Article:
When asked what he thinks about as he writes his poems, Collins said that when he writes, he doesn’t focus on the fact that he is writing a poem. In fact, it’s the last thing on his mind. He tries to stop writing or it will go on forever (ugh, jealous). Alison Stewart then asked him the question I was dying to know the answer to: What do you do on those days when it just doesn’t come to you? Billy simply replied, “Go to the drycleaner. I mean the usual stuff. I just wait.” This may sound like a simple response, but to someone who is guilty of overthinking everything, this is just what I needed to hear. For the first time since I graduated, I didn’t feel the pressure to whip up a mediocre poem because I hadn’t written anything in so long. My writing wasn’t “blocked,” I was just waiting.
Throughout my college career, I wholeheartedly believed in the concept of writer’s block. If I couldn’t think of anything to write about, I would shrug my shoulders and mumble something about writer’s block under my breath. Billy Collins doesn’t believe in it because writers can’t write constantly or they would go insane. Telling yourself that you’re waiting for something to come along is far more healthy than thinking you’re a failure and you’ll never write a poem again. Collins says that his writing involves plenty of patience and intensity. I have yet to master that patience, but when I’m done waiting, maybe I, like Collins, won’t be able to put my pen down.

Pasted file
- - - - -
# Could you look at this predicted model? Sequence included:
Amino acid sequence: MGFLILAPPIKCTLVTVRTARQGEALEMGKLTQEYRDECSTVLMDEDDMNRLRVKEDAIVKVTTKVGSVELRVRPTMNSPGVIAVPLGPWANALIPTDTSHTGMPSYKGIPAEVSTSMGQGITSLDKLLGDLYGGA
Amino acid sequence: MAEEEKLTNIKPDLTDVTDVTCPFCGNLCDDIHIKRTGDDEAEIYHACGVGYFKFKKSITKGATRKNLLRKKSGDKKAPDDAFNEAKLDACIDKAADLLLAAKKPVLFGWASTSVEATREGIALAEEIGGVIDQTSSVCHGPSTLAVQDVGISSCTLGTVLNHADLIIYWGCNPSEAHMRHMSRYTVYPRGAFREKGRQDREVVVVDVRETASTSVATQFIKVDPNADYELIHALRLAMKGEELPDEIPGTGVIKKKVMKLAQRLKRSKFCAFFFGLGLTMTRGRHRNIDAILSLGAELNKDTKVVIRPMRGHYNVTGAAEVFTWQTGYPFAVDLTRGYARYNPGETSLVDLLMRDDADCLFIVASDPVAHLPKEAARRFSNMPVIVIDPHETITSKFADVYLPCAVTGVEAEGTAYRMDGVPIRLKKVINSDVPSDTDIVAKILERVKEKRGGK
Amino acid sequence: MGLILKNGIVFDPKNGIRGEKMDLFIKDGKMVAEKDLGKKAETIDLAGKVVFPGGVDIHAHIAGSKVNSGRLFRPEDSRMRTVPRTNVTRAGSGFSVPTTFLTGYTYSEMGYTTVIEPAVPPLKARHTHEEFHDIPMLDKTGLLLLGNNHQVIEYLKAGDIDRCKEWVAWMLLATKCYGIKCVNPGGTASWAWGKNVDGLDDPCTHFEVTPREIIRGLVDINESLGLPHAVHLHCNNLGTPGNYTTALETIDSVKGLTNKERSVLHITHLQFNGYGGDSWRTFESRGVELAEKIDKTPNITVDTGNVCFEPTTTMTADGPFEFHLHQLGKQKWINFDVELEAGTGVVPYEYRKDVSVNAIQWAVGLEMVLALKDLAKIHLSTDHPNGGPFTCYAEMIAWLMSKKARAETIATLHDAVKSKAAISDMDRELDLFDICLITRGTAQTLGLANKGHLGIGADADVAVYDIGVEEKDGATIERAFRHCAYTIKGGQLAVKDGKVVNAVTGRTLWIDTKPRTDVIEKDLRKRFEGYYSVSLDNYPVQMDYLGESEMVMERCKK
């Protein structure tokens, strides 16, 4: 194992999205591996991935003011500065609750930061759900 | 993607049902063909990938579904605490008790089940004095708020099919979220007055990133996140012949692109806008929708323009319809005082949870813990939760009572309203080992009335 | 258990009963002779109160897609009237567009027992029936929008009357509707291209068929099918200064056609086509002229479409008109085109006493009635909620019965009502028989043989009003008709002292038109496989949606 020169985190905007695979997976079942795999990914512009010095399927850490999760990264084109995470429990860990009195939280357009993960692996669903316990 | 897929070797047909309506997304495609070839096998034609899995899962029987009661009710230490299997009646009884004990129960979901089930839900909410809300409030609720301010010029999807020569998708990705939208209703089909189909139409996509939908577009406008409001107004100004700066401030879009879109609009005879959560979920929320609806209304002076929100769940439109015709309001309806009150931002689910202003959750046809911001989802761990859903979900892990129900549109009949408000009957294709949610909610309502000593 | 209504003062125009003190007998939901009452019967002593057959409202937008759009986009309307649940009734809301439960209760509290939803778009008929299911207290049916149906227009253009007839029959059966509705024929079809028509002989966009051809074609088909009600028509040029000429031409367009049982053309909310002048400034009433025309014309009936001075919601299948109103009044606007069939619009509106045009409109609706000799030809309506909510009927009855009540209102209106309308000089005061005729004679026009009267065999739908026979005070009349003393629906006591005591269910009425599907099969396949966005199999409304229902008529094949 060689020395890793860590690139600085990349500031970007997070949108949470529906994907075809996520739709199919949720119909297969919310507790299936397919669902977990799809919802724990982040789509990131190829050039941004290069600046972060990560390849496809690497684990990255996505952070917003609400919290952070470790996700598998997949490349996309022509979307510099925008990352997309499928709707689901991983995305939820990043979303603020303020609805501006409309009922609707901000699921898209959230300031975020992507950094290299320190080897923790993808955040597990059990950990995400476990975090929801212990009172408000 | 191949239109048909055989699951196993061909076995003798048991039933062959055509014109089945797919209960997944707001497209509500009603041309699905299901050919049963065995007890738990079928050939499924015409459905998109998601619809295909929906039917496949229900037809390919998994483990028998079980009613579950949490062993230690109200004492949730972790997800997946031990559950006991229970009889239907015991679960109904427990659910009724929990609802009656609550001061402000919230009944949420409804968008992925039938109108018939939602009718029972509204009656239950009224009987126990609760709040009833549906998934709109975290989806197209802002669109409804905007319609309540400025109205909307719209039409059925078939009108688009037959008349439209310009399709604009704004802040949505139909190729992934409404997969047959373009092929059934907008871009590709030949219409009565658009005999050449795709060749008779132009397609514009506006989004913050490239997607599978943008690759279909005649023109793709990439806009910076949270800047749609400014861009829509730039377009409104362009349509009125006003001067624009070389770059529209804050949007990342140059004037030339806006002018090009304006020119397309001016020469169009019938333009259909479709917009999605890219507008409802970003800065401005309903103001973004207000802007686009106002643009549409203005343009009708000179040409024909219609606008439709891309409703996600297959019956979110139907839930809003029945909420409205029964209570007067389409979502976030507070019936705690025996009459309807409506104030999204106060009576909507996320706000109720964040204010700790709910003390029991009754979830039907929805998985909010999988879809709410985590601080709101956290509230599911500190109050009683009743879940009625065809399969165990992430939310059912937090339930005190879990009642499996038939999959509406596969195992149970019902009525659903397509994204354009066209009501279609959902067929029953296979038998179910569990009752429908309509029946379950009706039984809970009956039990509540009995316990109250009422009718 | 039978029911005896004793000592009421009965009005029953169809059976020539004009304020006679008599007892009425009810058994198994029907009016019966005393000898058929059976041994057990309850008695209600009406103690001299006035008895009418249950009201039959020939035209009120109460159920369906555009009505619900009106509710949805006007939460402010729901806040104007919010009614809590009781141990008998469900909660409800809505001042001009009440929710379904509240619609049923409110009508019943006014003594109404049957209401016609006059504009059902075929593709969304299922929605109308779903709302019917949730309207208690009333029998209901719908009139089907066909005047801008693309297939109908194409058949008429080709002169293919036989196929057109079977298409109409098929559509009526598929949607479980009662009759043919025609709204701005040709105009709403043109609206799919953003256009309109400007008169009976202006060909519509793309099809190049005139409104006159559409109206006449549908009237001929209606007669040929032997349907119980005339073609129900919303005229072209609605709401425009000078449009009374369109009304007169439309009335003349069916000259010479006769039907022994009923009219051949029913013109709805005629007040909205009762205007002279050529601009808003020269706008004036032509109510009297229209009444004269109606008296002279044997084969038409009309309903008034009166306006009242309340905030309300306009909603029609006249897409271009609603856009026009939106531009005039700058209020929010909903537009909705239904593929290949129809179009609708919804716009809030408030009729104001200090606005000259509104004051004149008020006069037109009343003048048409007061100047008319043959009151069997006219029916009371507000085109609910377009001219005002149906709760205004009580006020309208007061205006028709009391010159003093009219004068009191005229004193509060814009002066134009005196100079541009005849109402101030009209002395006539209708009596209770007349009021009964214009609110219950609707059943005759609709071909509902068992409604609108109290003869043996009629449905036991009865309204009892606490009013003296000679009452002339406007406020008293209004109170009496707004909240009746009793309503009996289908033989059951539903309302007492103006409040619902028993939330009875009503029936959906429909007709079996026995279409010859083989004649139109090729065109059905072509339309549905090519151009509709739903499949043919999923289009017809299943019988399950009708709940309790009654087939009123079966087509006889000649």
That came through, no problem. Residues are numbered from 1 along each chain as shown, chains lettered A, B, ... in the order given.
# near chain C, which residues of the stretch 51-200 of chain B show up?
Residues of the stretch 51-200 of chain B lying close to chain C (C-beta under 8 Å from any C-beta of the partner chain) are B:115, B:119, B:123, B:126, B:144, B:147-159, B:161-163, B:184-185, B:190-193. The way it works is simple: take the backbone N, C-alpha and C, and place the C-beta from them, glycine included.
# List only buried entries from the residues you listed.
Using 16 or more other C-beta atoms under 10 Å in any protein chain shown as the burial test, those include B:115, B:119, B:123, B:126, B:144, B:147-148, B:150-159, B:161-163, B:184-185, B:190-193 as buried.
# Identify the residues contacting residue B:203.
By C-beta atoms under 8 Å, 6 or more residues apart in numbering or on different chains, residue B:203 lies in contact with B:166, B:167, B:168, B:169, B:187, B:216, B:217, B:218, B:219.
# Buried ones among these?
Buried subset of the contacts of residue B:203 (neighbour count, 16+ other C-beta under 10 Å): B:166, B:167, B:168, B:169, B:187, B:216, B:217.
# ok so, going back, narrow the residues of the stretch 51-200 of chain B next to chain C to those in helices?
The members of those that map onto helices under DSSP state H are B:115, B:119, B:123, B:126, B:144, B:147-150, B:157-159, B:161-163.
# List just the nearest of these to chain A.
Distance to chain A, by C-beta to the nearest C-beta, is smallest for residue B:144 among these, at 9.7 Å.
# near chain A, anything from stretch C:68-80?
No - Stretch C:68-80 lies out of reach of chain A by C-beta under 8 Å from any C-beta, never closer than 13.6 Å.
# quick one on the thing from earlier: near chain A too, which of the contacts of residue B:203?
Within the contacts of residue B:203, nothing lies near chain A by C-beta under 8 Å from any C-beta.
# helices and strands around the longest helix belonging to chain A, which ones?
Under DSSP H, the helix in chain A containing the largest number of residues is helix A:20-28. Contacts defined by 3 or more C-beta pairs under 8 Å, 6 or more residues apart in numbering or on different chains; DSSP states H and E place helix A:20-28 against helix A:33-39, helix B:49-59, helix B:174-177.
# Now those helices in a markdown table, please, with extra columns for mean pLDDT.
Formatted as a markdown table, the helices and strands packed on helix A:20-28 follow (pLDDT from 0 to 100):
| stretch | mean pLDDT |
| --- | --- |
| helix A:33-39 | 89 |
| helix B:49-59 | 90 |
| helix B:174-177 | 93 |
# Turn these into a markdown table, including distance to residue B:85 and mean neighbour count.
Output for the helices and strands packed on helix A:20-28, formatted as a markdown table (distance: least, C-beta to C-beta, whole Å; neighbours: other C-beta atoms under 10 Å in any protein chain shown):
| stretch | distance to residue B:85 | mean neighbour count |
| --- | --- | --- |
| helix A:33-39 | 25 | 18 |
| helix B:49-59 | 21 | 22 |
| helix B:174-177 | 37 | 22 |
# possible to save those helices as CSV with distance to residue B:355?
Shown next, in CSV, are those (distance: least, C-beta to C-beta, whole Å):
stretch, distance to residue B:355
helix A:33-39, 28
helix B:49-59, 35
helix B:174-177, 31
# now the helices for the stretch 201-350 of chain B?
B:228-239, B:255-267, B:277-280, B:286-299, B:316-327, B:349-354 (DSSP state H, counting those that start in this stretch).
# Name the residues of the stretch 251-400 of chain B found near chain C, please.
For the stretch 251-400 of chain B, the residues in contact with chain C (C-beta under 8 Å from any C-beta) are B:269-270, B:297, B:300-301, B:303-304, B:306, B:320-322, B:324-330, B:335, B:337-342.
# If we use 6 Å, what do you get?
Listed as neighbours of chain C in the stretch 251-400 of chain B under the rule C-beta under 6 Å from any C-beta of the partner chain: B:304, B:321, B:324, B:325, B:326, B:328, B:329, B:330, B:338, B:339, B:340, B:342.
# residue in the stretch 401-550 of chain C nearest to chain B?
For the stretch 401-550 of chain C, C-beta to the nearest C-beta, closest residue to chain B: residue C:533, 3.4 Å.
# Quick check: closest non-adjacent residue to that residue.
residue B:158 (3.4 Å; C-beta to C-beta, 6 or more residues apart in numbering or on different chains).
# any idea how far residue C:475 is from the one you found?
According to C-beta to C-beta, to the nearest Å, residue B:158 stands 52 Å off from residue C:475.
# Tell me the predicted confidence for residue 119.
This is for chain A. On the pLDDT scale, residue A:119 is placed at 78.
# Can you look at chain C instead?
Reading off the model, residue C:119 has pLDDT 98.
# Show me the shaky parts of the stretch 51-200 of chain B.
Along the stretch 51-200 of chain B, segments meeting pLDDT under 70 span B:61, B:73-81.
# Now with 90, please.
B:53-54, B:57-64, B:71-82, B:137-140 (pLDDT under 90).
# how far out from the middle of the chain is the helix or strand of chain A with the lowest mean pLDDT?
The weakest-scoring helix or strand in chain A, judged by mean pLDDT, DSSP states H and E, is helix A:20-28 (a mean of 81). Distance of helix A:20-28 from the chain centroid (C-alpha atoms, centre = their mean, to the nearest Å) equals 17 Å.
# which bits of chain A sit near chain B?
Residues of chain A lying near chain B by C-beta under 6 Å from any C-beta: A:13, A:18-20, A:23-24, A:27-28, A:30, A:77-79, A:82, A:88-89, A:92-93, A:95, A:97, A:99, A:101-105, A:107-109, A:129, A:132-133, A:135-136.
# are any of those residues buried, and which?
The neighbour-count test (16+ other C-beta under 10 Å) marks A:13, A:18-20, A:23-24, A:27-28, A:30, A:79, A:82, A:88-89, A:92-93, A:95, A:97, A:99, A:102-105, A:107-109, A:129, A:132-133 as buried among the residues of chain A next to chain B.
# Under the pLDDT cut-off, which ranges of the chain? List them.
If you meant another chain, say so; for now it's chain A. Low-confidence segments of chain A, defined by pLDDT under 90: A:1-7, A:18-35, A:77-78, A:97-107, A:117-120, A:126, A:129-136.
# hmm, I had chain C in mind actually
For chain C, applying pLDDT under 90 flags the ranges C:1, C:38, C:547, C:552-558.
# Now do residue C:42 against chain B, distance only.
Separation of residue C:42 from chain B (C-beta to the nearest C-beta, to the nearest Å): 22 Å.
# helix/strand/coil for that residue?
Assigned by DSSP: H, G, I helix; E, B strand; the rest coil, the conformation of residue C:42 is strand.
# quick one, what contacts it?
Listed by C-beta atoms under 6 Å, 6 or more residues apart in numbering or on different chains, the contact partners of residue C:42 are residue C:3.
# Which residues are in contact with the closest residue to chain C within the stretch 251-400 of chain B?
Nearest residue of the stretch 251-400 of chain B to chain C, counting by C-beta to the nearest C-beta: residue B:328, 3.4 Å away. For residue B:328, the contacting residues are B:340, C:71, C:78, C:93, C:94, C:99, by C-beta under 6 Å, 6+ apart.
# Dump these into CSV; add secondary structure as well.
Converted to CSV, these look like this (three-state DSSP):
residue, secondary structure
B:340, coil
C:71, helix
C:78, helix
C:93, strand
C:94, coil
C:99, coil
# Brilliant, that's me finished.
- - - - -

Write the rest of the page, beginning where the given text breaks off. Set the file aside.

Last week Sarah Handelman, a former intern who is in working as a freelance designer in London, emailed me a blog posting about an exhibit at Mayor Gallery of 44 of Sylvia Plath’s pen and ink drawings. Many of these detailed images of farm animals and house pets, ordinary objects such as women’s shoes, an umbrella and a Chianti bottle, and scenes of small town life have been included in biographies and the afterwards of her novel The Bell Jar but I have never seen them assembled as a collection. More than her poetry, her sketches show a love for the simple and homey. There’s nothing dark and disturbing here.
Like Plath, many artists are adept at more than one medium. This is true of the authors collected in The Writer’s Brush: Painting, Drawings, and Sculpture by Writers by Donald Freidman. The dust jacket features one of Plath’s cubist inspired paintings, “Two Reading Women,” which shows a sophisticated use of color, texture and perspective that’s not apparent in her quaint, rather straightforward sketches.